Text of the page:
Dave Letele (Henderson)
After losing almost 100kg in a journey to save his own life, Dave Letele (Ngāti Maniapoto) founded the not-for-profit Brown Buttabean Motivation programme in Manukau to change the lives of Māori and Pasifika facing obesity. Today, BBM is a community of thousands of whānau with access to free weight-loss plans, foodbanks, community kitchens and gyms across Auckland. Letele, a former professional boxer, is a community leader, motivational speaker and social media star.
Deborah Manning (Auckland)
In just 10 years, Deborah Manning’s KiwiHarvest has rescued almost seven million kilograms of edible nutritious food destined for the landfill, redistributing it to whānau in need across Aotearoa and preventing 17.5 million kilograms of landfill-based carbon equivalent emissions. A former lawyer turned social entrepreneur, Manning founded the New Zealand Food Network in 2020 to enhance the storage facilities and nationwide infrastructure used by organisations like KiwiHarvest, connecting those with food to donate to those who need it. Together with KiwiHarvest, the NZFN has since redistributed almost four million kilograms of food to iwi, food banks and food rescues countrywide, providing more than 28 million meals since the start of the Covid-19 pandemic.
Matt Dagger (Wellington)
Founder of Kaibosh, New Zealand’s first food rescue agency, Matt Dagger has led food rescue efforts for more than a decade, raising awareness of food waste and fighting food insecurity. Dagger, chair of the Aotearoa Food Rescue Alliance, manages a team of more than 250 volunteers across Wellington and liaises with 25 food rescue charities across Aotearoa to eliminate food waste and poverty.
Panapa Te Wheru Ehau (Gisborne)
Panapa Te Wheru Ehau (Ngāti Uepohatu/Ngāti Porou) is the co-founder and director of social enterprise Hikurangi Enterprises and pharmaceutical cannabis firm Rua Bioscience. A father of four from Ruatōria, Ehau champions projects that increase the wellbeing of whānau and whenua in the Waiapu Valley and Te Tairawhiti, some of the most marginalised communities in Aotearoa. Ehau is co-founder of Te Mahere Whakauka/The Hope Project, a nationwide network of 40 Māori-led enterprises creating jobs, campaigning for food security for tangata whenua, reestablishing indigenous ngahere and establishing papakāinga.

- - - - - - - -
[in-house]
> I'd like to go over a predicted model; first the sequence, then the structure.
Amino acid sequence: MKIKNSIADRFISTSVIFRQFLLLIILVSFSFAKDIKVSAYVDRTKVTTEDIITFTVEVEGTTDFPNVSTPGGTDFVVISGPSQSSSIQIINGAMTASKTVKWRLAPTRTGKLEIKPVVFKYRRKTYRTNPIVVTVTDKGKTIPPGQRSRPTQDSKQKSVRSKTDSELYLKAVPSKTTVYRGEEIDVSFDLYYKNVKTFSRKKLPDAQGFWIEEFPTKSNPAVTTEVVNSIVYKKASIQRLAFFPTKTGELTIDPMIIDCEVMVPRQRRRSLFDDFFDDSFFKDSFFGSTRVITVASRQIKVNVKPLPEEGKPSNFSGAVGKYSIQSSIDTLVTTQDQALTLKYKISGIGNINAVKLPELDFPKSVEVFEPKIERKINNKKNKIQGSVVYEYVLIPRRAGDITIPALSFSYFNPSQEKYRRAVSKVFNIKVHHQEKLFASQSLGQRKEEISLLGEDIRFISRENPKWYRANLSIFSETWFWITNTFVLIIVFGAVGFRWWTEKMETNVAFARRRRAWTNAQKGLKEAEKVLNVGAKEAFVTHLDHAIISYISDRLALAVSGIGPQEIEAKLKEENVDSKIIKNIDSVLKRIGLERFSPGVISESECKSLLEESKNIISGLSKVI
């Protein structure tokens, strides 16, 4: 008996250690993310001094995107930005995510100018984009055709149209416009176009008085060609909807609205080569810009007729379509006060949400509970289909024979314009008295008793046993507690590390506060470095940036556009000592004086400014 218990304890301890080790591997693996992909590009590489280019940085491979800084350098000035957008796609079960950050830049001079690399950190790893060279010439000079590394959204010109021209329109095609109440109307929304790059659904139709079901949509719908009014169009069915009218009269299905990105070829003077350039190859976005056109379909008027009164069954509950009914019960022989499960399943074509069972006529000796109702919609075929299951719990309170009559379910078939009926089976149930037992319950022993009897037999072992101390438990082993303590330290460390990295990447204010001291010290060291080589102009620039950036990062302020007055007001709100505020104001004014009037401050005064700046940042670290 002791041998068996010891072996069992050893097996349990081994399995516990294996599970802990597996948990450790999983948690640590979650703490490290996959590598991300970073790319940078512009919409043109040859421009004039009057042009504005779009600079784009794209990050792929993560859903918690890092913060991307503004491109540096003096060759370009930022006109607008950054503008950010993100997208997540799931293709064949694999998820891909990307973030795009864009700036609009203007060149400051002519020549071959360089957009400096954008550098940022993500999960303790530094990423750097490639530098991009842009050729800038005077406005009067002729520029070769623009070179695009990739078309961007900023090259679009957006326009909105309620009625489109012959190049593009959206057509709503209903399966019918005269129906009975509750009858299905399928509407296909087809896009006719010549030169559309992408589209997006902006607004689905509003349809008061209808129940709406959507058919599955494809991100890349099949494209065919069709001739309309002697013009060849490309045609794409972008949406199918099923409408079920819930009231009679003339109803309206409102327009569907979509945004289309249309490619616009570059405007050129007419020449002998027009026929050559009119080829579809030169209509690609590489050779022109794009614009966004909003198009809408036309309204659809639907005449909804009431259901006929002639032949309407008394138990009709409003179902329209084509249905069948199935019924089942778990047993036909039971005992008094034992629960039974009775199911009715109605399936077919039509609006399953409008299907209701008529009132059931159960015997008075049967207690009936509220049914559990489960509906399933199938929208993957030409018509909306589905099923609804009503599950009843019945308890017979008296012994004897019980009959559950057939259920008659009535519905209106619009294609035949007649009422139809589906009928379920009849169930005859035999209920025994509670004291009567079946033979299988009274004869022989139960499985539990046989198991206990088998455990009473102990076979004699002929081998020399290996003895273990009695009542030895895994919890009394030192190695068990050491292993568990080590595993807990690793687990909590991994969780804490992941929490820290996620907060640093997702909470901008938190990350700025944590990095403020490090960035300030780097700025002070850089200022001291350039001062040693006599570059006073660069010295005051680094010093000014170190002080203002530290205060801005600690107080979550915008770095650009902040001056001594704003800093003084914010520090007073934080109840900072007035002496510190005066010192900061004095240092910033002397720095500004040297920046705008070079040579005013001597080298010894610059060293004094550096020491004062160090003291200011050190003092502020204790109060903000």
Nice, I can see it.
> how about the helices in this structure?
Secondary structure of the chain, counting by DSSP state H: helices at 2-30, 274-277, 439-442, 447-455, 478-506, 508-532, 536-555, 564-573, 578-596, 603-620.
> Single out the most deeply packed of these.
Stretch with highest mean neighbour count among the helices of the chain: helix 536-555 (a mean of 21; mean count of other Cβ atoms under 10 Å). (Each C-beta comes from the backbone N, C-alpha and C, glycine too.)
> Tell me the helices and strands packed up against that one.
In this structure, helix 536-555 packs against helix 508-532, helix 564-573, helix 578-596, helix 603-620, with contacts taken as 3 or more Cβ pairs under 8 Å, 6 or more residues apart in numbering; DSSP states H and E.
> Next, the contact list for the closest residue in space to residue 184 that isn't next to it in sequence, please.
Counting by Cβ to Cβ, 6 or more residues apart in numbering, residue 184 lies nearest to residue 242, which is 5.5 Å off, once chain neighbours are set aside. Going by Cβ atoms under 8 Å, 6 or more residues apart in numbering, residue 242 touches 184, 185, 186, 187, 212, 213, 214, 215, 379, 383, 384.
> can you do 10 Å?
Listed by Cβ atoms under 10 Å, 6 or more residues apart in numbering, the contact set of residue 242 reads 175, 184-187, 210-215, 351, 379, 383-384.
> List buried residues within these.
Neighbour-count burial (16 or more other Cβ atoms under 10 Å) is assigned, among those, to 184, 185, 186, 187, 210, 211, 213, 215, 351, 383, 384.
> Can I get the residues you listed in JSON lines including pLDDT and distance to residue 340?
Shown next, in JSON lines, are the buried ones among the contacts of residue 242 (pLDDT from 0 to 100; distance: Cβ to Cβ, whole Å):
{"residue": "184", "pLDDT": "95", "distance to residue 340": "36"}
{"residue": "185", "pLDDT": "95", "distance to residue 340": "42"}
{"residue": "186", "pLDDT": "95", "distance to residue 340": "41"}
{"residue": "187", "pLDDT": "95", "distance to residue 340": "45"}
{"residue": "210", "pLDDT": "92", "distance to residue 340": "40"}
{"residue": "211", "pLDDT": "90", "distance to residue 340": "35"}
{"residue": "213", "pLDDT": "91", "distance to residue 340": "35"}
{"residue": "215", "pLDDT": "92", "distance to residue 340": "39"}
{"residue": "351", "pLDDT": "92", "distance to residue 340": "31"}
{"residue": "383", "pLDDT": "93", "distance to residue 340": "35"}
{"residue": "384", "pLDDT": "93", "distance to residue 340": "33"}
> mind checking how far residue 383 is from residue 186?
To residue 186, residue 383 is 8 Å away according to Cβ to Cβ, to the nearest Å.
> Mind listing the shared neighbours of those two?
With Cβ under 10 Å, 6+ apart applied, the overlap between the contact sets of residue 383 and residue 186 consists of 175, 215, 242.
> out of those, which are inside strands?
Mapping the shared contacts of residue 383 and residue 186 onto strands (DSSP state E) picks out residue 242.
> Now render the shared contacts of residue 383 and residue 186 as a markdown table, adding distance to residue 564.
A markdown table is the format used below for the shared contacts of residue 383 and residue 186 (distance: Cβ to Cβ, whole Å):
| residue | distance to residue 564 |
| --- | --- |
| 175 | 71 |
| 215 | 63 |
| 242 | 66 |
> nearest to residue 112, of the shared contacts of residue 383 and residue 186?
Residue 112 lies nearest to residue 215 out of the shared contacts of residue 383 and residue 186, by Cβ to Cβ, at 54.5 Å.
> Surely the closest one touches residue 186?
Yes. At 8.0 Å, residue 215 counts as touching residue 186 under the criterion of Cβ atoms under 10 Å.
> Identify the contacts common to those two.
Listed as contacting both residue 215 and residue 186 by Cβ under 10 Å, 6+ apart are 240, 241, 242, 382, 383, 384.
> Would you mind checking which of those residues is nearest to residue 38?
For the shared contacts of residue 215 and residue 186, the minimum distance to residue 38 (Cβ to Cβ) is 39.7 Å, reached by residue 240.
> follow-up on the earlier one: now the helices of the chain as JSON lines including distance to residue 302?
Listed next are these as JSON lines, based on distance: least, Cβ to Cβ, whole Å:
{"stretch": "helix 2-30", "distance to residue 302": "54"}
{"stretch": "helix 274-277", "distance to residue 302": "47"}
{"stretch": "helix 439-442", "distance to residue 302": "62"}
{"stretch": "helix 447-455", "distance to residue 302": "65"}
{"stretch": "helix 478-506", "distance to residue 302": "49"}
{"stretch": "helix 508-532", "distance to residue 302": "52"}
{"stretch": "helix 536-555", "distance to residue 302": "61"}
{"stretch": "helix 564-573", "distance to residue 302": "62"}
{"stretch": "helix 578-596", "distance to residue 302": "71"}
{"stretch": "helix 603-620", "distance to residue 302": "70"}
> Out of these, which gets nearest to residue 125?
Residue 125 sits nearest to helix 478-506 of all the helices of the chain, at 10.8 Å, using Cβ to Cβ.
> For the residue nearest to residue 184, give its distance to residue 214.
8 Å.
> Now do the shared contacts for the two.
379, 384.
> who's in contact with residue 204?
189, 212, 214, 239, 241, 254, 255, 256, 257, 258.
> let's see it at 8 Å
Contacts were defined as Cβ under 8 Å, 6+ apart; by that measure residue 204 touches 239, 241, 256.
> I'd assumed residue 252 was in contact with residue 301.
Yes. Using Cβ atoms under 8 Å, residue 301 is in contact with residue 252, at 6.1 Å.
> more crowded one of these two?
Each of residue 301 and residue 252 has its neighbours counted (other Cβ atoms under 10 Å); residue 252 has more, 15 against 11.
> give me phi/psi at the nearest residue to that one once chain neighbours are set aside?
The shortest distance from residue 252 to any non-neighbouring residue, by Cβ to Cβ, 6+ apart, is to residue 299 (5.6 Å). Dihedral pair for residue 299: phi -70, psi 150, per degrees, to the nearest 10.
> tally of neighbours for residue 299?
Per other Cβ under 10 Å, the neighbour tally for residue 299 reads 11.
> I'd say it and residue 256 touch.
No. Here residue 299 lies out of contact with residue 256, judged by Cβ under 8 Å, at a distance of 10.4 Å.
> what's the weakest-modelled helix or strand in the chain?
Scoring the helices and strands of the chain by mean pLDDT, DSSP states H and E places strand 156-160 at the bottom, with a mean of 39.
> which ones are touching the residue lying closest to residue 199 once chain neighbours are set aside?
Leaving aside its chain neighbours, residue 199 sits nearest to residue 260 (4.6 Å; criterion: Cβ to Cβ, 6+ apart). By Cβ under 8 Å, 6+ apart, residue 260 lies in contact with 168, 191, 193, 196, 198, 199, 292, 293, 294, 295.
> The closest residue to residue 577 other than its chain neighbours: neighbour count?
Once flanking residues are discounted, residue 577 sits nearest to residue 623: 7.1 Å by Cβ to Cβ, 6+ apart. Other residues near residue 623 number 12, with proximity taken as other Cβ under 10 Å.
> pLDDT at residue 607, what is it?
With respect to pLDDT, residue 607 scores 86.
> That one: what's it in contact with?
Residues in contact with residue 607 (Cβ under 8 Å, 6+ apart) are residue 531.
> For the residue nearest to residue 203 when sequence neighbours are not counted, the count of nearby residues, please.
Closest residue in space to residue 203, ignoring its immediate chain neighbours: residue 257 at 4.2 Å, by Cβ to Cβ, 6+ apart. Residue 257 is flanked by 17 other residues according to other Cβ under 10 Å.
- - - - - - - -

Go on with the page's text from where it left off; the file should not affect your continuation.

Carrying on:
Sian Neary (Auckland)
In 2020, the Graeme Dingle Foundation celebrated its 25th year of empowering rangatahi through school-based programmes that build self-confidence via outdoor learning and mentorship. But as Covid spread throughout the country, and tamariki stayed home, the foundation was faced with the challenge of moving their programmes online. And so, as Aotearoa went into lockdown, general manager Sian Neary took the foundation’s approach online, partnering with TVNZ and the Ministry of Education to produce the Tamariki Talks series on Papa Kāinga TV. Aiming to connect tamariki with a learning curriculum at home, Tamariki Talks featured lessons around perseverance, self-discipline and problem solving.
Te Warahi Kokowai Hetaraka (Whangārei)
Tohunga whakairo Te Warihi Kokowai Hetaraka (Ngāti Wai/Ngā Puhi/Tainui) is a renowned teacher and mentor within Te Tai Tokerau. A cultural leader and artist, Hetaraka is the winner of the Outstanding Individual Contribution to the Arts award and the Creative New Zealand Kingi Ihaka award. A respected expert in whakairo, kapa haka, maramataka and te reo Māori, Herataka spent much of 2021 revitalising Ngāti Wai’s Wai 262 te Tiriti o Waitangi claim. Pou Whakahaere at Te Puni Kōkiri, Herataka’s lifework is sharing matauranga Māori with tamariki and taitamariki.
Now the panel of judges have the difficult task of distilling the 10 semi finalists down to the three finalists announced in mid February. The winner will be announced at the Kiwibank New Zealander of the Year Awards on 31st March.